Air-cooled Volkswagen


The air-cooled Volkswagen aero conversion community shares many characteristics. Obviously they are all built from the VW Type-1 engine, even if some have been upgraded to the point where there are no original VW parts in them.

This means all VW conversions offer compellingly light weight, impressively low costs due to overwhelmingly favorable economies of scale, an upper limit of about 100 hp and a customer base interested in maximizing these characteristics. These are also well-sorted, mature engines as the conversions have been developed for decades. It’s also something of a world unto itself, including common sources of VW parts. For example, last year there was a shortage of stock magnesium VW cases and everyone was running around scrounging what they could. But that issue is now resolved and cases are available again.

Another shared characteristic is almost all VW aero engine conversions are sold as kits. This saves both the engine manufacturer and the customer money. The one outlier is the original VW aero converter and elder statesman of hot-rodded air-cooled VWs, Revmaster. They assemble and ship their engines as ready-to-run powerplants, something to keep in mind when comparing prices.

For 2024 all four VW engine shops have not made any meaningful technical changes to their engines.


AeroConversions, maker of the AeroVee engine, is the piston engine division of Sonex aircraft. A busy, pocket-size aircraft manufacturer producing everything from gliders to single-seat jet sportsters and government UAVs, Sonex’s original core is a series of airframes designed for air-cooled Volkswagen power. Now mature designs, there are no technical changes to the resulting AeroVee engines for 2024.

AeroVee is Sonex’s trade name for their VW-based engines. They’re sold as kits for the builder to assemble in either 80-hp naturally aspirated or 100-hp turbocharged form.

There are two AeroVee engine kits, the 80-hp 2.1-liter naturally aspirated engine along with a turbo version rated at 100 hp. A turbocharger water cooling system was introduced five years ago and is a near-universal option on the 100-hp engine thanks to its transparent-to-the-pilot electronic control. AeroVee’s laser-cut baffle system and AeroInjector carburetor are also popular, and existing AeroVee owners can upgrade to the turbo with a $4,200 kit.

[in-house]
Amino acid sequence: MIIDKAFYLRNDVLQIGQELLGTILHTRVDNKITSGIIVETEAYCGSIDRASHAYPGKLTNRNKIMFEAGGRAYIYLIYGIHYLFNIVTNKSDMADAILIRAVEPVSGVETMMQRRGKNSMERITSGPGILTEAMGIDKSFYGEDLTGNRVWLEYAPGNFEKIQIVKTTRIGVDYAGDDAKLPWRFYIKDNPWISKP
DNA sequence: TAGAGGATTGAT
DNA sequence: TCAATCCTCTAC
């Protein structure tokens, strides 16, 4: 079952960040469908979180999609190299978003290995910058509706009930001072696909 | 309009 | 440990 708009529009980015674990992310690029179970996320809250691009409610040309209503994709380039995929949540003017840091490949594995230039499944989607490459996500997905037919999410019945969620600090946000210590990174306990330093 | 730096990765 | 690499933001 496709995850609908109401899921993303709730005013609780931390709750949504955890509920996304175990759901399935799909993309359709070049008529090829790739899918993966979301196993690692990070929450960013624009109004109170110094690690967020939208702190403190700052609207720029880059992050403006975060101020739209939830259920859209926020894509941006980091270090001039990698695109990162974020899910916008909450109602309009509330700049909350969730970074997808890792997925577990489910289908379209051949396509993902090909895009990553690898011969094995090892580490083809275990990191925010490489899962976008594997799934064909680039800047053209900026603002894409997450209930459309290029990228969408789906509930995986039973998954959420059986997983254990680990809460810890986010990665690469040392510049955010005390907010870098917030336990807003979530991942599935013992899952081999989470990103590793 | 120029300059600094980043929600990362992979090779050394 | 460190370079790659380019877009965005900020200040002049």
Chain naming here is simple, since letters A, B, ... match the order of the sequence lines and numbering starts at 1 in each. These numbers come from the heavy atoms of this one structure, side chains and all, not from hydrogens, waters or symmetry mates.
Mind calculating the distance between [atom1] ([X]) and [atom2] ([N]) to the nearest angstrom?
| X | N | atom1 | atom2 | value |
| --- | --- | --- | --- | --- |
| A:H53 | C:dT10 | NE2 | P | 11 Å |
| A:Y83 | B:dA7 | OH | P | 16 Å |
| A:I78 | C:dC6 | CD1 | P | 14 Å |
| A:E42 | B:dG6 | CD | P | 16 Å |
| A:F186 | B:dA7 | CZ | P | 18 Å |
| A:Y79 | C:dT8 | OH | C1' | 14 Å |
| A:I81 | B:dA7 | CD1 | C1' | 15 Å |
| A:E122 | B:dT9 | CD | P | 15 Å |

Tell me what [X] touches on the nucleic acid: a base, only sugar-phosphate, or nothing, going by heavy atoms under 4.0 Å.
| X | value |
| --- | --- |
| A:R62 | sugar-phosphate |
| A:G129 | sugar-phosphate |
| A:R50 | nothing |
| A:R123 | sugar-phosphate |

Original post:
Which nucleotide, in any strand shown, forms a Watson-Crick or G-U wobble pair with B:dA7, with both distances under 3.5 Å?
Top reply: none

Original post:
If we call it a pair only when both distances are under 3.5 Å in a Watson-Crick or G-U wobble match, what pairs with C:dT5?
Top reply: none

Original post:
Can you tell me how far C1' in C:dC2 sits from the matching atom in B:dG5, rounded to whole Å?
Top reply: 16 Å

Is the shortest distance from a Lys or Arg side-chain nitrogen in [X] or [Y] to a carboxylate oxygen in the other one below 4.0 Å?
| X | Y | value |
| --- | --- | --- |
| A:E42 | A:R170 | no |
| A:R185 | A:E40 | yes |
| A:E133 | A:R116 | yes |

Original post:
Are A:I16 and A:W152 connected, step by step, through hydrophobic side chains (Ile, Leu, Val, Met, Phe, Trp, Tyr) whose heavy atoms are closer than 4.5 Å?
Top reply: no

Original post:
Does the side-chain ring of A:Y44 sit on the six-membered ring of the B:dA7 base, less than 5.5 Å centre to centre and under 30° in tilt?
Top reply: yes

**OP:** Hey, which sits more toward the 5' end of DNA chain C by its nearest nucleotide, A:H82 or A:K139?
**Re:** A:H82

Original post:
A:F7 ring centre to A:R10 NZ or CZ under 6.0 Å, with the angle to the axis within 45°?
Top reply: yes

Great Plains Aviation Supply

Great Plains reports good steady business and a ready supply of parts including magnesium cases that were in short supply last year. In other words, it’s all good in their corner of the VW engine world.

Great Plains offers both four- and two-cylinder VW variants, with a choice of driving from the pulley or flywheel end of the engine. They’ll also happily sell short- or long-block engine kits. Many accessories are offered, including a belt-drive propeller speed reduction unit.

Hummel Engines

Supplying Hummel Aircraft with engines is clearly the main business here, but Hummel Engines also does plenty of business building four- and mainly two-cylinder VW-based engines for the rest of the hobby. Hummel reports that after being “absolutely swamped” for three COVID-driven years, orders slowed in the last half of 2023, meaning now is a great time to order an engine.

Hummel’s offerings favor basic, lightweight, low-power builds beginning with a bare-bones 35-hp, 85-pound, two-cylinder bereft of starter or second magneto. The top Hummel is a fully optioned 85-hp four-cylinder with starter, dual ignition and alternator.

Revmaster Aviation

Easily the most experienced VW engine house with nearly 4000 engines built, Revmaster has been building hot VWs for cars and airplanes since 1959. They cater to the better equipped end of the VW market and sell their engines assembled and not as kits.

Shown here is the turbocharged version of Revmaster’s R-2300. It’s rated at 102 hp at 3200 rpm up to 12,000 feet. The naturally aspirated version produces 85 hp for takeoff and 82 hp continuously.

Their bread-and-butter is the R-2300 (2331cc, 142.2 cubic inches). Takeoff power is 85 hp at 3350 rpm; the continuous rating is 82 hp at 2950 rpm. Now a well-sorted combination backed by all sorts of aviation and uber high output automotive testing, the naturally aspirated R-2300 uses Revmaster’s own cylinder head and bristles with internal upgrades. These include a four-bearing crankshaft, the unique ability in the VW market to support hydraulically controlled propellers, an eight-coil/eight-spark-plug dual CDI ignition, dual 20-amp alternators and a simple, slide-type, floatless Rev-Flo carburetor.

A turbocharged version of the 2300 is finished and can be purchased but still hasn’t flown. It’s rated at 102 hp at 3200 rpm up to 12,000 feet. Call if you’re interested in taking this one airborne.

Back to the 2024 Engine Buyer’s Guide Index


Please enter your comment!
Please enter your name here

This site uses Akismet to reduce spam. Learn how your comment data is processed.